And thankfully, the courts seem to agree that it is. In a case about three years ago, parents of an alleged victim sued the therapist and won. This is good news indeed, as it might put a little caution into the hearts of “therapists” regarding the techniques they are using and the recommendations they are making to their clients.
In a YouTuble video, Linda made the assertion that one out of three women would be sexually abused before the age of 18 to 20. While I’ve read some pretty amazing claims about this, that is the most bizarre.
In part, it illustrates something that is happening with all this, and that is a redefinition of the word “abuse.” It’s come to mean almost anything, to the point that the slightly drunk guy nearby who gets a bit carried away with the holiday spirit and plants a big kiss on you at a New Year’s Eve party at midnight is guilty of sexual assault.
When it comes to these “recovered memories,” though, either we have the biggest epidemic in history of this sort of thing, a national crisis that should have us all hysterical, or there’s something wrong here. I see nothing at all that convinces me that a large percentage of men are molesting children.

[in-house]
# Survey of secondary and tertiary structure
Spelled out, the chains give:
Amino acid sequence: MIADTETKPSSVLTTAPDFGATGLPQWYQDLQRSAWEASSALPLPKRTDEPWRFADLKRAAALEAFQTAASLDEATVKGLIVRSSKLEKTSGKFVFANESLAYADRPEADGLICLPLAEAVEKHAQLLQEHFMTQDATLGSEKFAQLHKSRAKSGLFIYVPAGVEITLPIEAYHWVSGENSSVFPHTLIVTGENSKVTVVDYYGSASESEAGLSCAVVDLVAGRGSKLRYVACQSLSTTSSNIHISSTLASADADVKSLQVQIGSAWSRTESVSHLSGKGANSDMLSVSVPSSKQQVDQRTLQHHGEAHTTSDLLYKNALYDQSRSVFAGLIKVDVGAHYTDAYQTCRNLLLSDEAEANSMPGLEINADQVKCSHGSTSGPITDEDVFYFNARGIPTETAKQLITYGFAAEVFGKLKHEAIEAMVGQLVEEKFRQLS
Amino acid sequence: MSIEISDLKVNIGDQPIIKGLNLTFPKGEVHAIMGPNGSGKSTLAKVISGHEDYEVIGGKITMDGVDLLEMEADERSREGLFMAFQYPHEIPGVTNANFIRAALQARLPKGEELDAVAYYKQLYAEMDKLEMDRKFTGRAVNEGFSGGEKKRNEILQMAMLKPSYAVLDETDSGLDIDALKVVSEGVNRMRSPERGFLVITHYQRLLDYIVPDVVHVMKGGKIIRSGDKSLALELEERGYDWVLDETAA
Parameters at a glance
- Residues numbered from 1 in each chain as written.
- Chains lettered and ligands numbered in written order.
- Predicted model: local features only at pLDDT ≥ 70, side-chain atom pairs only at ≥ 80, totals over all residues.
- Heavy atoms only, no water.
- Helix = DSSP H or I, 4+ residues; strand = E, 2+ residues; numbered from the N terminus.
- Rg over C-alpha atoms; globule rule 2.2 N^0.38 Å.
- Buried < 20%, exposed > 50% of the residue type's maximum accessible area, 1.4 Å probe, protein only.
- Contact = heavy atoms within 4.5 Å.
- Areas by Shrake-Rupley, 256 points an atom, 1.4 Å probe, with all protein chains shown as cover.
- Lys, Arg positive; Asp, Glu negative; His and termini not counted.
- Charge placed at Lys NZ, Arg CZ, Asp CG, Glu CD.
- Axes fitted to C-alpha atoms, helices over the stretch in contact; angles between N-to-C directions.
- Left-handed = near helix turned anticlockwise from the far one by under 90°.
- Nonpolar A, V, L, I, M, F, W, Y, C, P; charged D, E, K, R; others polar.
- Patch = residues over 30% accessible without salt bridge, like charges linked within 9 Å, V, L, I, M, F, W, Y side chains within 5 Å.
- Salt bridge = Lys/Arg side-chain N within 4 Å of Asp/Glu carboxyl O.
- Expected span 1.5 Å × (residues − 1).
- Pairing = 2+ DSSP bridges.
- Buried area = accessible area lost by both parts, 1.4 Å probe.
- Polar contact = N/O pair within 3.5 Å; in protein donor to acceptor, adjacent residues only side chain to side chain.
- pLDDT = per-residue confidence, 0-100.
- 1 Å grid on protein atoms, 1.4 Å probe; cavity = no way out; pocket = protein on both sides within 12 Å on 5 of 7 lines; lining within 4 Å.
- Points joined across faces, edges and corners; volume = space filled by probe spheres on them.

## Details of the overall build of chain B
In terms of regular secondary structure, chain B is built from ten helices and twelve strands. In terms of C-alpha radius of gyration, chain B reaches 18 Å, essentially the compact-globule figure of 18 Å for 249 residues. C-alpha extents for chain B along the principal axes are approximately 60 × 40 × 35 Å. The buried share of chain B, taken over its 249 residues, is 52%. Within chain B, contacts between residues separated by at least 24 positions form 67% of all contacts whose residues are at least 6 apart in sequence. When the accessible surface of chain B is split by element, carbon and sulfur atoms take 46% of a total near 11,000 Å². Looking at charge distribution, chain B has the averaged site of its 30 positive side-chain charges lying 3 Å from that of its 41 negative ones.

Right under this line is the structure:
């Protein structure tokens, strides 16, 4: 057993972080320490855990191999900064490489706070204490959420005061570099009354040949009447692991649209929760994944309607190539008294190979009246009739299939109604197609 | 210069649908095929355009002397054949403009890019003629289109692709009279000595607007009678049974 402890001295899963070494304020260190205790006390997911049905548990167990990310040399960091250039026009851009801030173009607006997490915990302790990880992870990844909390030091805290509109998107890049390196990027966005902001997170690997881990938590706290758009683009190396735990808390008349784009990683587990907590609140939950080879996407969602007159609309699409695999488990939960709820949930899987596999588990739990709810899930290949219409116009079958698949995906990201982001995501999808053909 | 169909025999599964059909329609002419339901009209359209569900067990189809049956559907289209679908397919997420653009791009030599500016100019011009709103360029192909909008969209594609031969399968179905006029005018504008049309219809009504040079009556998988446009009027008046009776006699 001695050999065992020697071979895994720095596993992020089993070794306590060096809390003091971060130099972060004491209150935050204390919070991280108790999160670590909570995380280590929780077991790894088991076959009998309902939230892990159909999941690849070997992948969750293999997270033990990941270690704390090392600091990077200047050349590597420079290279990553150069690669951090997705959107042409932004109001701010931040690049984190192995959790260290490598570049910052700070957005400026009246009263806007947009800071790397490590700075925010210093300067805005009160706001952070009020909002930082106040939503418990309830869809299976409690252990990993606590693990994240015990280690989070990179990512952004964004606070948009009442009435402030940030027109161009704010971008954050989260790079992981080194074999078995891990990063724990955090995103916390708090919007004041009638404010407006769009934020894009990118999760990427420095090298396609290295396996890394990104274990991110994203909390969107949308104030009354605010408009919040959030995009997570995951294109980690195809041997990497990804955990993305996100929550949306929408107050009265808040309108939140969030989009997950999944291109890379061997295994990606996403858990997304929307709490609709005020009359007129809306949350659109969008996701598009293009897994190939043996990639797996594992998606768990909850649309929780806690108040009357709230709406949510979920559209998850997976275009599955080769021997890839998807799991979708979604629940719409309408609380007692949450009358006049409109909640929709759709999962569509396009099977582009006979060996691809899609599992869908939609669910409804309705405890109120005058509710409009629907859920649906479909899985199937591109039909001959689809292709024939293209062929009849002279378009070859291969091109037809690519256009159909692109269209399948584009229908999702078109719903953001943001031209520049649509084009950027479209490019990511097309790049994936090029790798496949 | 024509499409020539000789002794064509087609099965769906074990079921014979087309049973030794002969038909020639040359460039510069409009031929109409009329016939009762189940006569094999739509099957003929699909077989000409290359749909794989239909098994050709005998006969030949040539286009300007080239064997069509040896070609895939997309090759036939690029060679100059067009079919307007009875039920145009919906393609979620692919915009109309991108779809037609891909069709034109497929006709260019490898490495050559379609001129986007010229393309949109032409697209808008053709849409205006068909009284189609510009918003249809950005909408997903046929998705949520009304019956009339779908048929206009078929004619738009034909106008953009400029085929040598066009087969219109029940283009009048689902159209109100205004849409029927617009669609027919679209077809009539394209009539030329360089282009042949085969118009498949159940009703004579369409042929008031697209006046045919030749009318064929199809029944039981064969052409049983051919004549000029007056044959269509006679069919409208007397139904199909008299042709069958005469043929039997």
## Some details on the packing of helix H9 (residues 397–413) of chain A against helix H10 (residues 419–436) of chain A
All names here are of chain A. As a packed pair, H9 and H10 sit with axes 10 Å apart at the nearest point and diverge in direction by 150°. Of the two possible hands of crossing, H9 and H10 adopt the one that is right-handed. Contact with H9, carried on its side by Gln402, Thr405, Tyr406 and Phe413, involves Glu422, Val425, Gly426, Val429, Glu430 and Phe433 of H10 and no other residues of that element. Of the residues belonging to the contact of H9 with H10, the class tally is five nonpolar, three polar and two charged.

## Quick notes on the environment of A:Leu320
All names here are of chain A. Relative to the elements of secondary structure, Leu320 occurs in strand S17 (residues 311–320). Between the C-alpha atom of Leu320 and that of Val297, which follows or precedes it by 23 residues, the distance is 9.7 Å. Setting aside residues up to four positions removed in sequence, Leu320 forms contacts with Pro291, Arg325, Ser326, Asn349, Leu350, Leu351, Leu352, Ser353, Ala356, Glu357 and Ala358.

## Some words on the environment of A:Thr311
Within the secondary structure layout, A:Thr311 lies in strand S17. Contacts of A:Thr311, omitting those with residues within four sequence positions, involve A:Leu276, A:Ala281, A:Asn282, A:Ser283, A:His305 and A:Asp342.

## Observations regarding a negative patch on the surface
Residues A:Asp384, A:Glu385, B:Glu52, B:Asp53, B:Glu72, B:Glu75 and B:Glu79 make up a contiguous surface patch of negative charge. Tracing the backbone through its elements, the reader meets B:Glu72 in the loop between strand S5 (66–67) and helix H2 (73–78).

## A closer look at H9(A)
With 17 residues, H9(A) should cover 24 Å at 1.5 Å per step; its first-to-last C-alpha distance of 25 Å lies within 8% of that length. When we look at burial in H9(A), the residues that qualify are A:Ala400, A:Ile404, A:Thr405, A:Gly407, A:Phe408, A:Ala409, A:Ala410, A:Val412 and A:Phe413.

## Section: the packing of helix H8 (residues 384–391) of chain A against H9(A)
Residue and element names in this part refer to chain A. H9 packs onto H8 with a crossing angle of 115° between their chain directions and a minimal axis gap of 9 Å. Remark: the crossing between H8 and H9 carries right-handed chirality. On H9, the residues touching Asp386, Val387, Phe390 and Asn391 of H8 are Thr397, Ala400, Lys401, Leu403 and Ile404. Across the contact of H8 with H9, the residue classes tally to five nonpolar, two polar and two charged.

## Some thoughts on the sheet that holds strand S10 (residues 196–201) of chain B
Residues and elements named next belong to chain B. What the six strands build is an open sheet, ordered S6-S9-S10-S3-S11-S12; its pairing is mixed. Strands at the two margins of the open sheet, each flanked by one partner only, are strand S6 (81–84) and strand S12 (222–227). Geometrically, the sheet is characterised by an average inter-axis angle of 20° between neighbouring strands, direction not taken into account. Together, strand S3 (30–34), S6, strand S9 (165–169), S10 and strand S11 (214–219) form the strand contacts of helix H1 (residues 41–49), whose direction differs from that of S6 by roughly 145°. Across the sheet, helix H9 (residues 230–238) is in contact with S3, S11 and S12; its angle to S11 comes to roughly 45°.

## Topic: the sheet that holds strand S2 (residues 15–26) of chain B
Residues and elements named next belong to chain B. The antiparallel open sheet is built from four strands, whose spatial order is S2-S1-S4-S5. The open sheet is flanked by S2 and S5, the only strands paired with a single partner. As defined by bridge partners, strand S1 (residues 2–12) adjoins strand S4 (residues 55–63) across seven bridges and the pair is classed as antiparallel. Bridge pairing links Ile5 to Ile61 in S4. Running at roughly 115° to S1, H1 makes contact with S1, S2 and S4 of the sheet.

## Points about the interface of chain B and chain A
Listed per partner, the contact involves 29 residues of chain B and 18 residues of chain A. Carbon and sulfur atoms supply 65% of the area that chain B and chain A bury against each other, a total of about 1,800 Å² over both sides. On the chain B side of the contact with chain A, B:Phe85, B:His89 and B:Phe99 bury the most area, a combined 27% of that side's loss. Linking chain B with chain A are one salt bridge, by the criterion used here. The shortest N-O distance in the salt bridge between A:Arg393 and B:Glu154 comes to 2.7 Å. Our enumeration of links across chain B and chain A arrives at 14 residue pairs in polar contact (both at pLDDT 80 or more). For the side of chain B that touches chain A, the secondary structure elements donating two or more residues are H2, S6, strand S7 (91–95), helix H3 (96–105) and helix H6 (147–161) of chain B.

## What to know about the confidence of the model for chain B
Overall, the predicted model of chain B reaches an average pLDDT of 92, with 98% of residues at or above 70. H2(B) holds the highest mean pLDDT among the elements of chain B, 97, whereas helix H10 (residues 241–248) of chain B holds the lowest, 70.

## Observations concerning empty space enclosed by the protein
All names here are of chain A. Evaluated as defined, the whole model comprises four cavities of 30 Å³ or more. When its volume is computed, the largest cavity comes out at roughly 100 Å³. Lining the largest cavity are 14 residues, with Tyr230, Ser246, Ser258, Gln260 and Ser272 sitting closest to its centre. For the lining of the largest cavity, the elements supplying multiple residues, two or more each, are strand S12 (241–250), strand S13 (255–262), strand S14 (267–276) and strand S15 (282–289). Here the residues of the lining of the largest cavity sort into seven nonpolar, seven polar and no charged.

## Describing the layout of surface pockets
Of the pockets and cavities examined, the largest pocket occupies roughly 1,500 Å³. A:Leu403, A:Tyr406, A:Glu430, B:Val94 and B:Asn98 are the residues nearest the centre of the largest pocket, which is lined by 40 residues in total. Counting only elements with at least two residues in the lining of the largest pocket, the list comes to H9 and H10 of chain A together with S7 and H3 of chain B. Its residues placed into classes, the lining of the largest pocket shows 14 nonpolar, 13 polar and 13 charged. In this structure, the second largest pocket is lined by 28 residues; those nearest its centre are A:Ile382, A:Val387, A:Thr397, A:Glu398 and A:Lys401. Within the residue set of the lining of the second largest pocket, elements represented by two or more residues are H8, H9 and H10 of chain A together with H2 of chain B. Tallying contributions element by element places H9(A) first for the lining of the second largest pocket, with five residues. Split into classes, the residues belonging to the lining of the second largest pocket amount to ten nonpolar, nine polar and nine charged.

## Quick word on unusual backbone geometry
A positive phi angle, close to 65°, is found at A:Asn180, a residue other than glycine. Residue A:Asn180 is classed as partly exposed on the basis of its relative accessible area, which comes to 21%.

It also hurts the actual victims. It even hurts some of the alleged victims, who might well be right in some of their accusations, but not all. But their stories become so extreme that they are unbelievable, and so they are not believed about anything.
In looking about on a few Facebook pages devoted to “survivors,” I noticed that a whole lot of the people posting (mostly women) are so-called “victim’s advocates.” Many of them offer materials for sale, have web sites, offer “counseling” and all sorts of advice, and have written books. It seems Linda Fossen has a lot of competition. How many of these people are qualified to do what they are doing? How many are charlatans out to make a quick buck? How many are well-meaning, but still out to make a quick buck? How many are taking advantage of wounded people? I have to wonder.
Anyone who doesn’t believe a “victim” is considered to be “in denial” or even worse, either a molester or covering up for a molester. There are no other categories. That means that I will inevitably be accused of something like that.
Simple disagreement is not an option, not a possibility. You’re either with them or you’re with the molesters.
When this kind of position is taken—subscribe to our theories or else we’ll try to ruin you—something is very, very wrong. My bullshit meter goes off big time.